Brice Catherin, a cellist and a composer exploring the notion of the one-man-band concept, commissioned this work; this composition was subsequently the result of our collaboration. My aim has been to create a work where the cellist produces sounds using his full body: his hands (employing a variety of extended techniques on the cello and external objects), his feet, his mouth (singing and playing the harmonica and flexible tube) and even his face on one occasion to muffle the strings.
There are two central themes in the work: virtuosity and theatre, both strong, frequent features of my compositional oeuvre. After several meetings and experimentation with Brice, I chose a setup that enhances the musical scope without visually cluttering the stage. I am also using a rather unusual scordatura that not only changes the timbre of the instrument itself, but also helps create unique soundscapes that blend together with the sounds from the spring drums, the human voice (whistling, groans and other effects), a singing bowl, a harmonica and a flexible tube among others.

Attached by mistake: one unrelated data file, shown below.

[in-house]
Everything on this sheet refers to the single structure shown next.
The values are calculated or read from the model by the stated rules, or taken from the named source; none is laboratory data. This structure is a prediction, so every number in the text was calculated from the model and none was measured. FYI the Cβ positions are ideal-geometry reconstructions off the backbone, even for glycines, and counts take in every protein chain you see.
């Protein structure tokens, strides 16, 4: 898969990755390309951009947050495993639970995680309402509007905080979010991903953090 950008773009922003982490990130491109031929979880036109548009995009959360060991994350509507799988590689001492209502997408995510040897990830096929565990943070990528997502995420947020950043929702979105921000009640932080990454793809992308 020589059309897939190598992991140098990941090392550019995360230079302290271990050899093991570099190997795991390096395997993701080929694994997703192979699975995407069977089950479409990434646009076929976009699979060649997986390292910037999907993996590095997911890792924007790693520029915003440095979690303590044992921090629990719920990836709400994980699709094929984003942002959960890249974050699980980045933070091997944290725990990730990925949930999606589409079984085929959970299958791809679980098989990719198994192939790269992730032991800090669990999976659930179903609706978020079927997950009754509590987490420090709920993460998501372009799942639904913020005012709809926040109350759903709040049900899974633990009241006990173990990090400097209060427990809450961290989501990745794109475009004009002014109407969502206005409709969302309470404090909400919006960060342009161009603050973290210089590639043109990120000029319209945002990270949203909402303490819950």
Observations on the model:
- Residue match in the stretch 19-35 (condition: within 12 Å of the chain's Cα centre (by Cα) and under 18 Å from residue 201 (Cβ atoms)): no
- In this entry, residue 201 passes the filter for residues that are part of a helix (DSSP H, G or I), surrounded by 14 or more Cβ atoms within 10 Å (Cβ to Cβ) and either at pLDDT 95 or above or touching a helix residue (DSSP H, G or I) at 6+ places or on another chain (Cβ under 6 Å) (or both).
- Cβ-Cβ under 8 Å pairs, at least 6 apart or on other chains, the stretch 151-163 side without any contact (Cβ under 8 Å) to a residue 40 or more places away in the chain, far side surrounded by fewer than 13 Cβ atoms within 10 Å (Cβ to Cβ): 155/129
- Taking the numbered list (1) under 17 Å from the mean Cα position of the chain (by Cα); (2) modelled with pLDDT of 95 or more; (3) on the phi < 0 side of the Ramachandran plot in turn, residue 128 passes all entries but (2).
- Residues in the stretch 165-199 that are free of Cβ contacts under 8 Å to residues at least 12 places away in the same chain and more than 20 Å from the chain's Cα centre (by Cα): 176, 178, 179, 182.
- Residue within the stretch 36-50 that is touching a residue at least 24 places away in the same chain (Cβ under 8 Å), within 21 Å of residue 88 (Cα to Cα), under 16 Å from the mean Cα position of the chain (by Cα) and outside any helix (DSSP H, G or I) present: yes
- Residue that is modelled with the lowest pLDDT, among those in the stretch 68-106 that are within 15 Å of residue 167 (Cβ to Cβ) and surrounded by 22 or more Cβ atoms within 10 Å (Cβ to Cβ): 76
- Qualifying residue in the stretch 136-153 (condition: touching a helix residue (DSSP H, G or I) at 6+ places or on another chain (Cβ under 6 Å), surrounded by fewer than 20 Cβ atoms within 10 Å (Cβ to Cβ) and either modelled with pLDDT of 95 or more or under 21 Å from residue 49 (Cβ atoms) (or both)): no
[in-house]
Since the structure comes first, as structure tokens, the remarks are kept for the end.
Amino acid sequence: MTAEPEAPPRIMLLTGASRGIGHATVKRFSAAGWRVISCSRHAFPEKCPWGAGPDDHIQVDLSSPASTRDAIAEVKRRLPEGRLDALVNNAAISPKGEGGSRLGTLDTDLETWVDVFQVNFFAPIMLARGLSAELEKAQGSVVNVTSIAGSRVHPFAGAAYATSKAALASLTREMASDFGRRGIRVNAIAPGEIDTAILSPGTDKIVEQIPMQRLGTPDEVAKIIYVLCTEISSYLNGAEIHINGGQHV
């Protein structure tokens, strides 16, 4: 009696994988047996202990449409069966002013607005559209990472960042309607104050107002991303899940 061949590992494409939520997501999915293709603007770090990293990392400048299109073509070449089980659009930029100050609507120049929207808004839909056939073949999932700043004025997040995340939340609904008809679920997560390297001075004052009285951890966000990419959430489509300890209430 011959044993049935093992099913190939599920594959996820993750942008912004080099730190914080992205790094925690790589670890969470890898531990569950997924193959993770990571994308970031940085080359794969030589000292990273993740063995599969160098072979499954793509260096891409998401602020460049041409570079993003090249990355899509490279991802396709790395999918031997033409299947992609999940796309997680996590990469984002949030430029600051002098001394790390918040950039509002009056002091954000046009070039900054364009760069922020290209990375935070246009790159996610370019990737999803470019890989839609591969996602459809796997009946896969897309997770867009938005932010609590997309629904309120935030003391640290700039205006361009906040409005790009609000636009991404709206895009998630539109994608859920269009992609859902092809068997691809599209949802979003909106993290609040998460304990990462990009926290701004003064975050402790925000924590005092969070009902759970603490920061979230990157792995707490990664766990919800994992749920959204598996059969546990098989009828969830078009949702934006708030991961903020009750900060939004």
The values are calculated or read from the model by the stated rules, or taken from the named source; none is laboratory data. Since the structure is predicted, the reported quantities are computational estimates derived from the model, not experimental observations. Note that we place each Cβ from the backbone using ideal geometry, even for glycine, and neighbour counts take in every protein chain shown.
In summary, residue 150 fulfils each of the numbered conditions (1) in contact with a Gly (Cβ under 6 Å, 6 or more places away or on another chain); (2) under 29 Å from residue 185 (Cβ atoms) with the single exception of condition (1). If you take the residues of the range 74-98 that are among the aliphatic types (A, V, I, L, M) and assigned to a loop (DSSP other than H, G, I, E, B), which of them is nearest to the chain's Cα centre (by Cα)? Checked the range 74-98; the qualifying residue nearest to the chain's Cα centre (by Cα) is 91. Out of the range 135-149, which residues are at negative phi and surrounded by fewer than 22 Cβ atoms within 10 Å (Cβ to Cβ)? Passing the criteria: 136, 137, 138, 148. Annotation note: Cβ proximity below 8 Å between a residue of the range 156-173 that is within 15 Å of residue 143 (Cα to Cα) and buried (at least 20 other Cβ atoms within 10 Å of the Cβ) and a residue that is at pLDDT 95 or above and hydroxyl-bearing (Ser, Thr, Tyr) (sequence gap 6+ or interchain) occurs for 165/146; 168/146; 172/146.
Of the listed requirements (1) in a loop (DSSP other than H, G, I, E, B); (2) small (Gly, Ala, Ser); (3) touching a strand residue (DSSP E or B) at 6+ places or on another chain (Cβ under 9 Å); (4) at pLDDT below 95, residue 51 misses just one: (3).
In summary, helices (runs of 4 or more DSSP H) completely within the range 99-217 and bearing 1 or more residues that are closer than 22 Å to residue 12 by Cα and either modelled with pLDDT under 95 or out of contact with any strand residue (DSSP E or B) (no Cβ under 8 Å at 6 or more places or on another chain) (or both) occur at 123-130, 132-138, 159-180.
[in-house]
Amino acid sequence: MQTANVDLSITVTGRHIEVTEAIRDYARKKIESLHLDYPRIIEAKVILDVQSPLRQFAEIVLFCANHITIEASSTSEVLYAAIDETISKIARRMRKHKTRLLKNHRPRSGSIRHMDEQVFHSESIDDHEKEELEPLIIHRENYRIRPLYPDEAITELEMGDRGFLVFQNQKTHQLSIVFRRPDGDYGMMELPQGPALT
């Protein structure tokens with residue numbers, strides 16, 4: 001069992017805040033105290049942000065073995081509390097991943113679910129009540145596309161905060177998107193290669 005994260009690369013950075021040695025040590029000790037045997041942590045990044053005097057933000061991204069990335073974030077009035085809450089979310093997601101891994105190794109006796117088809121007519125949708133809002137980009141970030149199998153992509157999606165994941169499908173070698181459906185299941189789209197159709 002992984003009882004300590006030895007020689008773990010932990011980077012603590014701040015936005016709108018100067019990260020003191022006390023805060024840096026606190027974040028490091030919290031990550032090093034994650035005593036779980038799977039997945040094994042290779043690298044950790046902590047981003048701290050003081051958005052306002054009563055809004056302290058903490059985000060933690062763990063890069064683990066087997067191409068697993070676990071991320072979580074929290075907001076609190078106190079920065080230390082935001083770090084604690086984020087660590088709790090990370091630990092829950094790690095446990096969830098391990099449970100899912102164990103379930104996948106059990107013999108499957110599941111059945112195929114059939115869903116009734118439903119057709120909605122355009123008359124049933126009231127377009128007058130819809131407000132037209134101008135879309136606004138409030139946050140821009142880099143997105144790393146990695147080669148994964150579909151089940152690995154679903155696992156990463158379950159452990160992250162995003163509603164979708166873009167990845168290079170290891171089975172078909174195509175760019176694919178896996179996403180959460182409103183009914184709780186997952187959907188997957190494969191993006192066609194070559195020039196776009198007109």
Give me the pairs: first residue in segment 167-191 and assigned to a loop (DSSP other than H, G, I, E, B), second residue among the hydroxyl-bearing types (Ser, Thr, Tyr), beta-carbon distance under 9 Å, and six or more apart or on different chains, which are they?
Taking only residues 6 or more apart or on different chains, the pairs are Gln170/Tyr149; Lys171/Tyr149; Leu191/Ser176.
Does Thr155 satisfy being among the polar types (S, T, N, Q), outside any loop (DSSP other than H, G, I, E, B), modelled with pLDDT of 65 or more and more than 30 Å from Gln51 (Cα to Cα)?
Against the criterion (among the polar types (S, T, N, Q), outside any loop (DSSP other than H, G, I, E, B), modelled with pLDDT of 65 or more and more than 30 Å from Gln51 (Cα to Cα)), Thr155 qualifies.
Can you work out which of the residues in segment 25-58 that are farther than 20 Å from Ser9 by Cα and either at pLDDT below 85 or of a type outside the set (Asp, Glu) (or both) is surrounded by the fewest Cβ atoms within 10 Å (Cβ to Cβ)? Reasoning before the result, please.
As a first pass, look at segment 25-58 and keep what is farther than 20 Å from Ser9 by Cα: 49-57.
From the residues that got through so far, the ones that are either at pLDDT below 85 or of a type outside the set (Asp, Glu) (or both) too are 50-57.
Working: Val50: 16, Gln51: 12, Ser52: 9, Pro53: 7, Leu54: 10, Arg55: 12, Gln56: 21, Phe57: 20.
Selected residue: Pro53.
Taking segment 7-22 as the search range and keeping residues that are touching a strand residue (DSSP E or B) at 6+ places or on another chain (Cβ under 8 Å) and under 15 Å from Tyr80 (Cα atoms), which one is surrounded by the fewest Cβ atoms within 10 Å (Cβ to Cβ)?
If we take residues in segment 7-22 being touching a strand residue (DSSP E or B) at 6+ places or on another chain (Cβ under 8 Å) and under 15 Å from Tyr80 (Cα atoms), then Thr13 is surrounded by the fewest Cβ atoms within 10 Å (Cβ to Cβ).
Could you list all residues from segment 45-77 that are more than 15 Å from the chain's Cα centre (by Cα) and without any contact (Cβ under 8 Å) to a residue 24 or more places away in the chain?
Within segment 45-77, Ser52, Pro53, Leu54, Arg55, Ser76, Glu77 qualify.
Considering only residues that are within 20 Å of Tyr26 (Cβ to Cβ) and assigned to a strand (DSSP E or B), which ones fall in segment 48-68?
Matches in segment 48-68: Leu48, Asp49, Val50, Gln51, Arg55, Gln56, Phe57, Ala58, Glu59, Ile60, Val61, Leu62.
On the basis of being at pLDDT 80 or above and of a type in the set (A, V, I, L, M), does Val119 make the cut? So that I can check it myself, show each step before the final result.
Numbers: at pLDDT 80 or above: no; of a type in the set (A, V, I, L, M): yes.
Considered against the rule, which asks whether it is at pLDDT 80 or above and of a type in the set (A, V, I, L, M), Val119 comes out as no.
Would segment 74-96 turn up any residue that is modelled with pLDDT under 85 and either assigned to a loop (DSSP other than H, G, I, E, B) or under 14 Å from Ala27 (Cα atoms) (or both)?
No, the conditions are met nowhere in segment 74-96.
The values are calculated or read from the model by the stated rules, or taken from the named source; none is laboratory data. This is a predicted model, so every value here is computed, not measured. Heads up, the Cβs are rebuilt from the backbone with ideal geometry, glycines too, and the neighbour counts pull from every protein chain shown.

The work is entitled Emmelia and there are two reasons for this: Emmelia derives from the prefix en (in) and the noun melos (harmony), thus meaning in harmony. The composition is structured and developed in clearly defined sections (noisy, harmonious, distorted, etc.), based on information revealed by a spectral analysis of an F1 spectrum on the cello (tuned a fifth below low C), played and recorded using a variety of attacks and triggering objects and methods. Emmelia is also the name of my baby daughter, who has been my constant inspiration since she was born.